UPDATE: The books discussed below have now been reviewed in another post.
Book Riot’s Book Mail costs $60, comes every three months or so, and includes both books and bookish goodies. I should state here that I am a Book Riot contributor. That said, they are not my employer and the fact that I write some things for them won’t affect my honest appraisal of this box – I promise!
The April 2017 Book Mail box came with two volumes of short stories. First up was The Miniature Wife and Other Stories by Manual Gonzales, author of The Regional Office is Under Attack! which I haven’t read but have heard lots and lots of good things about. According to the hand-out thing Book Riot sent, in this volume “the mundane becomes magical and strange in this unforgettable collection from an utterly original voice. We’ll see, I suppose! I will of course review this once I’ve read it.
This book also came with a bonus item, which was a recipe for Miniature Pecan Pie. Essentially, it’s what looks like a good recipe for a pecan pie and then there are instructions at the bottom to miniaturize said pie in your Miniaturizing Machine. It’s funny, see?
The second book was American Housewife: Stories by Helen Ellis. I’ve never heard of her but according to the hand-out thing, these stories are “often hilariously profane,” which seems like a pro, right?
There’s also a bonus item for this book, which is a letter press postcard from Helen Ellis, which includes a quote from the book: “I am the kind of woman who packs light, but carries a huge book.” Yes, yes indeed I am.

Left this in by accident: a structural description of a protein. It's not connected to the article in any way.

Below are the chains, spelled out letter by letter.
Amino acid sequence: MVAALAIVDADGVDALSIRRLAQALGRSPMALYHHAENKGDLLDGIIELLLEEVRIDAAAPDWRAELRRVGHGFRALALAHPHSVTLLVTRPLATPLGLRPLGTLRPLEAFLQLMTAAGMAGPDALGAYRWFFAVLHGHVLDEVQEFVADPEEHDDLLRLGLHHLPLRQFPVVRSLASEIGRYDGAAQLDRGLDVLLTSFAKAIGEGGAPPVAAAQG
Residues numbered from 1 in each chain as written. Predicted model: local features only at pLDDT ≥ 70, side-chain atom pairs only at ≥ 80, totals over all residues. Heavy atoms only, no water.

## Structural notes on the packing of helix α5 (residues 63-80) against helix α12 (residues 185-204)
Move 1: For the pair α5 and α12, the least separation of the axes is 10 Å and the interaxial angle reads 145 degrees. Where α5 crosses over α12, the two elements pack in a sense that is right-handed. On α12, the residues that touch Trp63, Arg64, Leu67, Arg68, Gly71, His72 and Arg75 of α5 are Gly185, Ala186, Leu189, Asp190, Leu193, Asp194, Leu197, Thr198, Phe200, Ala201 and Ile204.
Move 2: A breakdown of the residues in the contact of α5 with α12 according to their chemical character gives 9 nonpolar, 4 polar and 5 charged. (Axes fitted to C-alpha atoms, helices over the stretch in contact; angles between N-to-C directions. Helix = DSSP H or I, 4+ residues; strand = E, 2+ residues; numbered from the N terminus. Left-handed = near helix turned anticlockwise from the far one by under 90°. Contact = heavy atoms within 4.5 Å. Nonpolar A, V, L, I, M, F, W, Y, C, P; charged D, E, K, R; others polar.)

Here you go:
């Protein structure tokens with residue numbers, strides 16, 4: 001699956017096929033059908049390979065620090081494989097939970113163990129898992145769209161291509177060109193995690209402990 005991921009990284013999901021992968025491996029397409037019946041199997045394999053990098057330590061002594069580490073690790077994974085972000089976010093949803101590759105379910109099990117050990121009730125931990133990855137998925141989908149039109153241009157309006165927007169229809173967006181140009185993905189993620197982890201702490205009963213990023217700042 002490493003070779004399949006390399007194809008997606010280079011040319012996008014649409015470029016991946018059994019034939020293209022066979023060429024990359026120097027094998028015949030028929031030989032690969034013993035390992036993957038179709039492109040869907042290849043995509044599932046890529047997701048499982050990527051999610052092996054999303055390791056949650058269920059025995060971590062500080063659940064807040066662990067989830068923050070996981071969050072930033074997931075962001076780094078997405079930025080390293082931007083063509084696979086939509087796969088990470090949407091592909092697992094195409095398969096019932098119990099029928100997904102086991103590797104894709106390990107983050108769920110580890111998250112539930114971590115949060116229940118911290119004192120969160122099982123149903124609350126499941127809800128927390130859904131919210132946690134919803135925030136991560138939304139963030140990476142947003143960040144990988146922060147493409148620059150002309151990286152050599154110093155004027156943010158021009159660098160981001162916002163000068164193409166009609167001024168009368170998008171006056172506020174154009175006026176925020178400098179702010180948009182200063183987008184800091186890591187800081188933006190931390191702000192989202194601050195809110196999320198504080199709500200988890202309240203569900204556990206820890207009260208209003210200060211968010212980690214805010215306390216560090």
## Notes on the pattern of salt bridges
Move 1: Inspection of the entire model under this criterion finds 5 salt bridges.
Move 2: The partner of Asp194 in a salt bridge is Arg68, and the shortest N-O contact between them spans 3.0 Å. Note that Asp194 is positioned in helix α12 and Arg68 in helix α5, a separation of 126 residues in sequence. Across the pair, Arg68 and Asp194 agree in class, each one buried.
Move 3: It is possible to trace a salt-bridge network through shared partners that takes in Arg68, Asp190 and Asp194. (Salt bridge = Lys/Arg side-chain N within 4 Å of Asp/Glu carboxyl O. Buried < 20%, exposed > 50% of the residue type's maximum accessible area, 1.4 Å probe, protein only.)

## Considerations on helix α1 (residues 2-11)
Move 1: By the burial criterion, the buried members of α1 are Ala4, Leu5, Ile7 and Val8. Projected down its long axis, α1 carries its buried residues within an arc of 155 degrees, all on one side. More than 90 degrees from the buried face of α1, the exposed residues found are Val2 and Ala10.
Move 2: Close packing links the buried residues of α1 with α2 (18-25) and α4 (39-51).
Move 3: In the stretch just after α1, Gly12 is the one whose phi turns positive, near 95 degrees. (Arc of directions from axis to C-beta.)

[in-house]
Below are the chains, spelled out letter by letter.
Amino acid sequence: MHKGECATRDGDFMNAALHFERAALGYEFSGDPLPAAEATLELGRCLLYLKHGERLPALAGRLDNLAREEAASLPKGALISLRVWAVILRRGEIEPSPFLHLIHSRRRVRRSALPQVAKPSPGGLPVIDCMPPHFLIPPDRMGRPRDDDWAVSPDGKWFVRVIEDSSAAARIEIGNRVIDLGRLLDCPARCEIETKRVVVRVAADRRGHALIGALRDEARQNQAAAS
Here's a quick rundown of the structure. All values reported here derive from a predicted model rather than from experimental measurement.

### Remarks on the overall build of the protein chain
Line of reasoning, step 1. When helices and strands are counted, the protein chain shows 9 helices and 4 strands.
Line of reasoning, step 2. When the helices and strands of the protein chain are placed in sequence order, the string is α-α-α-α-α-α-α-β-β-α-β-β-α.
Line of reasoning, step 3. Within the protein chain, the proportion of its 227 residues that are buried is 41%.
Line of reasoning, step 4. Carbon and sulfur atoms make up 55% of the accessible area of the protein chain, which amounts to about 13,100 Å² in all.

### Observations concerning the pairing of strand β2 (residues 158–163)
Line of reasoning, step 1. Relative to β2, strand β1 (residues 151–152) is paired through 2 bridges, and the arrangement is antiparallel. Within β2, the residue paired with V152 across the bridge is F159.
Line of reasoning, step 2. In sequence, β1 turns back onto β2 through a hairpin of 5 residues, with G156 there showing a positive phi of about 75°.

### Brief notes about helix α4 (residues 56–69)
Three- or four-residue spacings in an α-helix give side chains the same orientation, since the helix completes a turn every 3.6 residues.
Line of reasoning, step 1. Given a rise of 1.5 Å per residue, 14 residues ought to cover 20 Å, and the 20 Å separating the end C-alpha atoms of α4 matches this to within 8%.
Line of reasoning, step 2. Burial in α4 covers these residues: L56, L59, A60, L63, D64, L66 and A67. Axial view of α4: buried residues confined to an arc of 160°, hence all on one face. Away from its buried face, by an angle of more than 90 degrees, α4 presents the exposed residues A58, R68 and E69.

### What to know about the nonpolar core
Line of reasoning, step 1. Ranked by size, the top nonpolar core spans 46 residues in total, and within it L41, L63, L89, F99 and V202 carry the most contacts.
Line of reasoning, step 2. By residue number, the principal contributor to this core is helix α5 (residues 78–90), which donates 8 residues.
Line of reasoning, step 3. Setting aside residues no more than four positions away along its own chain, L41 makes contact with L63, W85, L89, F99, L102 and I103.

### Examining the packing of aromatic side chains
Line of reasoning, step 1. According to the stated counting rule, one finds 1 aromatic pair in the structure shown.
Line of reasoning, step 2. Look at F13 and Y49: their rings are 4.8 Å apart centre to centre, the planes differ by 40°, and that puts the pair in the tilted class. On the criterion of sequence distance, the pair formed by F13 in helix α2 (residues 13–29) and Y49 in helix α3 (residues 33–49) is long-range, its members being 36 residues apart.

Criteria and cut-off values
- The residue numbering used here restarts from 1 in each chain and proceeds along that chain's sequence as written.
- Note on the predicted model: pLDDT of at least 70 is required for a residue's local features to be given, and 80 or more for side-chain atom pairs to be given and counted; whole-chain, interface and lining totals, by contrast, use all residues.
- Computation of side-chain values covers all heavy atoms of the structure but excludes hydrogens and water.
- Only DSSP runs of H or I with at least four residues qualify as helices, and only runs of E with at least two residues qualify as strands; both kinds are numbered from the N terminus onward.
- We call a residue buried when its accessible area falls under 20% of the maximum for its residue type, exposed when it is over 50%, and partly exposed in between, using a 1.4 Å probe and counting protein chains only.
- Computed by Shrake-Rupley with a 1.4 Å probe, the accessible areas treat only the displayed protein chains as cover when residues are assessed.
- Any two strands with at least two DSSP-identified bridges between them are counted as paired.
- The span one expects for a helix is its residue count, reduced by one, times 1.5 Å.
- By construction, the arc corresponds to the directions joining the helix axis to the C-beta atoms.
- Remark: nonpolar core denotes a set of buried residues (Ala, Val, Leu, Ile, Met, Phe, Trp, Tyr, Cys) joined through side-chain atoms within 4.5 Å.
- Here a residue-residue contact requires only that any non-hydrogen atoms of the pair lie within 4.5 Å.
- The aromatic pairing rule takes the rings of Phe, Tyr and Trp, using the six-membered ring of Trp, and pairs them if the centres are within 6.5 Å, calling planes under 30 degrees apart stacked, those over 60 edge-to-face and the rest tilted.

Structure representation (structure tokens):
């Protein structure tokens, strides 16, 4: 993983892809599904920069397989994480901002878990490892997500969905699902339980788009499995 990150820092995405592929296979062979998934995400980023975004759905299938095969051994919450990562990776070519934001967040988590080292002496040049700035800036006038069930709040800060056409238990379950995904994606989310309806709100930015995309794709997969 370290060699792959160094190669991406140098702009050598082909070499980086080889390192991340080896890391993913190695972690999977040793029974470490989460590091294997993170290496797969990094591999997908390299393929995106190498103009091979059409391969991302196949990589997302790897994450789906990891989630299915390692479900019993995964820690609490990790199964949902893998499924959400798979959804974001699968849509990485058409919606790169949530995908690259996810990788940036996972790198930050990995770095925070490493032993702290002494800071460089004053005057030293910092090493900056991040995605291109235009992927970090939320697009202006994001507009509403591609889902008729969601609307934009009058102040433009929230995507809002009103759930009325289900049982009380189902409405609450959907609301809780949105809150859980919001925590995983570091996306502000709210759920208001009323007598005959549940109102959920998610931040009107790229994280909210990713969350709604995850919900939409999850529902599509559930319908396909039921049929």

Now on to the bookish goodies! First up is the game Papercuts, which is described on its box as ” a party game for the rude and well-read.” Well! I am both of those things! As is always the case with literary-themed board games (I own quite a few of them!), no one wants to play this with me, so I’m gonna need y’all to stop by Iowa City for a night, thanks.
Looking at this game, it seems to essentially be just like Cards Against Humanity except with literary things. The example question on the box is, “What is the one thing Stephen King is truly afraid of?” and the example answer is, “Atticus Finch before he was racist.” The box notes that this is a game for those 16+, it requires four players and can accommodate up to eight, and it includes 75 question and 175 answer cards plus instructions (imagine that!).
Finally, we have this library card and stamp enamel pin set from Out of Print. I’m getting quite the collection of bookish pins on my purse thanks to book subscription boxes, but this one is especially appreciated because it’s not the standard round pin. Variety, I love it!
Granted, I haven’t read the books but the thoughtful curation and fantastic bookish goods are A+ from my perspective. The value is high too – Papercuts runs you $25 and the pins run $18, which almost pays for the box without even considering the cost of the books.
I’ll cover the diversity when I review these books, which should be coming up in the next week or so, but for now I will say that we have one book by an author of color and one book by a woman. A+!